When I went to Sidney’s one Monday to investigate, I saw for myself she wasn’t kidding. As a Bourbon Street veteran, Alves fits squarely into the tradition of New Orleans barrelhouse piano, where the primary job is to keep the joint jumping to keep the people drinking. Henrietta Alves knows how to work a room. Though the crowd at her Monday night show is intimate, it is adoring. Upon entering the room, she eagerly shouts your name into the mic as her fingers express their delight on the piano; and if she doesn’t know your name yet, she’ll ask.
She is disarming and honest, and loves to poke fun at herself. “Back in the day Bonnie Raitt’s manager wanted to manage me, but she wasn’t famous at the time,” Alves tells the audience. “I said, “Well in that case I’ll wait for Linda Ronstadt’s manager.’ Now I play at Sidney’s,” she says ruefully before launching into a rousing version of “I Will Survive.” Seamlessly weaving her banter with the crowd in between—and during—her songs, she goes around the room to find out what everyone wants to hear. She doesn’t know all of the songs requested, but it only takes her a minute to figure out how to play a new one, which she proceeds to do with aplomb. “I’m not cool,” Alves demurs, “I’m just here to play y’alls favorite songs.” The room loves her for it, and she loves them right back.
Holding the attention of the crowd has always been key to mastering the art of the New Orleans piano night. For the old school barrelhouse players, it took hard work and innovation to even be heard above the noisy barroom crowds, and successful techniques were passed down through the generations. Champion Jack Dupree’s mentor, Drive ‘Em Down Willie Hall, developed a piano style—later adopted by Dupree, Cousin Joe, and Professor Longhair—in which he tucked his thumb and banged his left fist on the keyboard to make the bass jump over the boisterous patrons. “I learned a lot from sitting down in the corner and watching his hands,” said Dupree.
Beyond entertaining the masses, New Orleans piano players also faced the challenge of mastering the instrument itself. “A sax or trumpet can only play one note at a time, but with the 10 fingers of a piano player you have the entire band,” says Lily Keber, whose documentary Bayou Maharajah immortalizes the life of the eccentric New Orleans piano legend James Booker. “On those solo piano nights, the piano player had to be the best bass player, the best horn player, and the best singer—they were the best of the entire musicianship of New Orleans in one place. That’s what made them so special.” Bar flies may not have been terribly picky about a piano player’s skill level, but if you wanted to impress the city’s legends you’d better be prepared to bring it on piano night.
Even stars of the New Orleans golden age of R&B didn’t always pass muster with the old greats. Tuts Washington considered a backup band with a piano player to be a sign that they couldn’t stand on their own. He accused Fats Domino of needing “a band behind him to sound good,” and said that when he tried to teach Professor Longhair some piano tricks, “he couldn’t make it.” According to Washington, James Booker was the only player “good enough to play on Bourbon Street.”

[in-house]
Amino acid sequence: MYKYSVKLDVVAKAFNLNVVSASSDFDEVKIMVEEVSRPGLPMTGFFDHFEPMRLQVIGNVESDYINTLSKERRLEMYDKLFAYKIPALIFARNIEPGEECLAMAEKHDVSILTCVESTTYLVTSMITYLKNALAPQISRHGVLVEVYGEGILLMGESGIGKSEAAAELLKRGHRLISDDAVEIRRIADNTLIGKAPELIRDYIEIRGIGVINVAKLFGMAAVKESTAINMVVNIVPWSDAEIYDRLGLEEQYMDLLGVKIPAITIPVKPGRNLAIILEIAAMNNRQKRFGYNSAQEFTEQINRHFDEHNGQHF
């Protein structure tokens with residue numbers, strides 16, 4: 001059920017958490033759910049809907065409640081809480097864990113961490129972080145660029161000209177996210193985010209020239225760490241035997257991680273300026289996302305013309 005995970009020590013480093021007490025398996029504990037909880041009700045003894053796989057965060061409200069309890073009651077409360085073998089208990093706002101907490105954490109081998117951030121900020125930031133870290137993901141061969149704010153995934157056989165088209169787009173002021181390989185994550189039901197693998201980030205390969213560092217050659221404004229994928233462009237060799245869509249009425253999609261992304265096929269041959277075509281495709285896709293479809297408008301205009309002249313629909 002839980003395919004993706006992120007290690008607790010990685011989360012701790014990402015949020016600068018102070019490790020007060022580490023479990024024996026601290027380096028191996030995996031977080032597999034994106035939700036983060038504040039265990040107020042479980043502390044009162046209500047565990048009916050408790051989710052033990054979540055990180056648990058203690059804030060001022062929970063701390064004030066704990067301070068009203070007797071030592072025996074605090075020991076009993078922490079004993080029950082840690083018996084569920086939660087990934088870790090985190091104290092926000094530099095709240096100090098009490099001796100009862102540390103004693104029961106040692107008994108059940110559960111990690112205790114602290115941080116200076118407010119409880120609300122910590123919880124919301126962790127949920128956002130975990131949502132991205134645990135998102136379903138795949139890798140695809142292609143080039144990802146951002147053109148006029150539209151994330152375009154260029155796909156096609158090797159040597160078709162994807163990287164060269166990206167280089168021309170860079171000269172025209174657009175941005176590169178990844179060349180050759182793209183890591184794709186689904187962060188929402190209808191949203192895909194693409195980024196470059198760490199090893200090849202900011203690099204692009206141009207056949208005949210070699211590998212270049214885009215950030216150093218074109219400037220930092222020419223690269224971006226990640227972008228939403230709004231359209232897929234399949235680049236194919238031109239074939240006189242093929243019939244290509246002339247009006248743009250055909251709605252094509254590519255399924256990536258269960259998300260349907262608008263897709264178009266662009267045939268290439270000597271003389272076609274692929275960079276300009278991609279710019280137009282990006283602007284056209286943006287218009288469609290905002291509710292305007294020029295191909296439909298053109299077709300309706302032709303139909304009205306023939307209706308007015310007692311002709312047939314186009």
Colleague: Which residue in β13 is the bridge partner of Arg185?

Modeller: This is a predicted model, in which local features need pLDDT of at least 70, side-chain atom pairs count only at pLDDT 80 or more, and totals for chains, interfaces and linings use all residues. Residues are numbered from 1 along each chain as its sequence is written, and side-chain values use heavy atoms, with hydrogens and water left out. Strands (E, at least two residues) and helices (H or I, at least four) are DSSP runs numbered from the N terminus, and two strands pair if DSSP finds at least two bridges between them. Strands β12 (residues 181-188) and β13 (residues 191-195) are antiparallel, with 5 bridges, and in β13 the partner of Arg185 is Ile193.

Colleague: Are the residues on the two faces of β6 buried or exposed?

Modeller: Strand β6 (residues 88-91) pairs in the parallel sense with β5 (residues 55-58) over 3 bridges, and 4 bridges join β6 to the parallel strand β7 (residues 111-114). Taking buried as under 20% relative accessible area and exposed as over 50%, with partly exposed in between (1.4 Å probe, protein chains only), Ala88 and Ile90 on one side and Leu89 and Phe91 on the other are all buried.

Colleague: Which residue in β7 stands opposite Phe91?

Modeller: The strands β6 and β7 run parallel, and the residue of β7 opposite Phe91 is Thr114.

The impossibly high bar for New Orleans piano goes a long way towards explaining why Brian Coogan, who is widely acknowledged as one of the best piano players in the city, is so self-effacing. Infinitely more interested in the piano than his personal brand, he seems allergic to self-promotion. Nevertheless, his Monday piano night has a reputation for being an underground gem, a Saturn Bar go-to that occupies the position that King James and the Special Men left vacant, though the music is very different. King James and the Special Men may have harkened back to the golden age of R&B, but Coogan is of an even older school.
Coogan’s family is from New Orleans, though he grew up in Baton Rouge. His father’s high school brought Irma Thomas to one of their school dances, and throughout his childhood the New Orleans greats were always coming through the speakers. He got his start as a gigging musician during high school, when he started playing at the M’s Fine & Mellow Cafe, a storied Baton Rouge listening room whose proprietress made it a point to encourage young talent. After high school he lived out his dreams of making experimental music in New York, but New Orleans kept pulling him back. “Every time I came back, I’d be like, oh, no, this is it. This feels like home to me,” he says. “It’s not just my ancestral home for the last six generations, or whatever it is. This is my place.”
Coogan isn’t a traditionalist in the sense that he’s a stickler for the old New Orleans standards; his setlists are creative and wide ranging. “I think it would be boring to just play the New Orleans stompers all the way through the set,” he says. Instead, Coogan’s deft hands bring all the songs on his heavily curated list under the New Orleans umbrella. Stevie Wonder is a setlist regular, as is Bonnie Raitt, and a few weeks ago he did the classic doo-wop song, “I Only Have Eyes for You.” But he gives each song a new home by infusing it with the city’s unmistakable piano sound. “You can take a pop song or an R&B song and cast it in the light of New Orleans,” he says.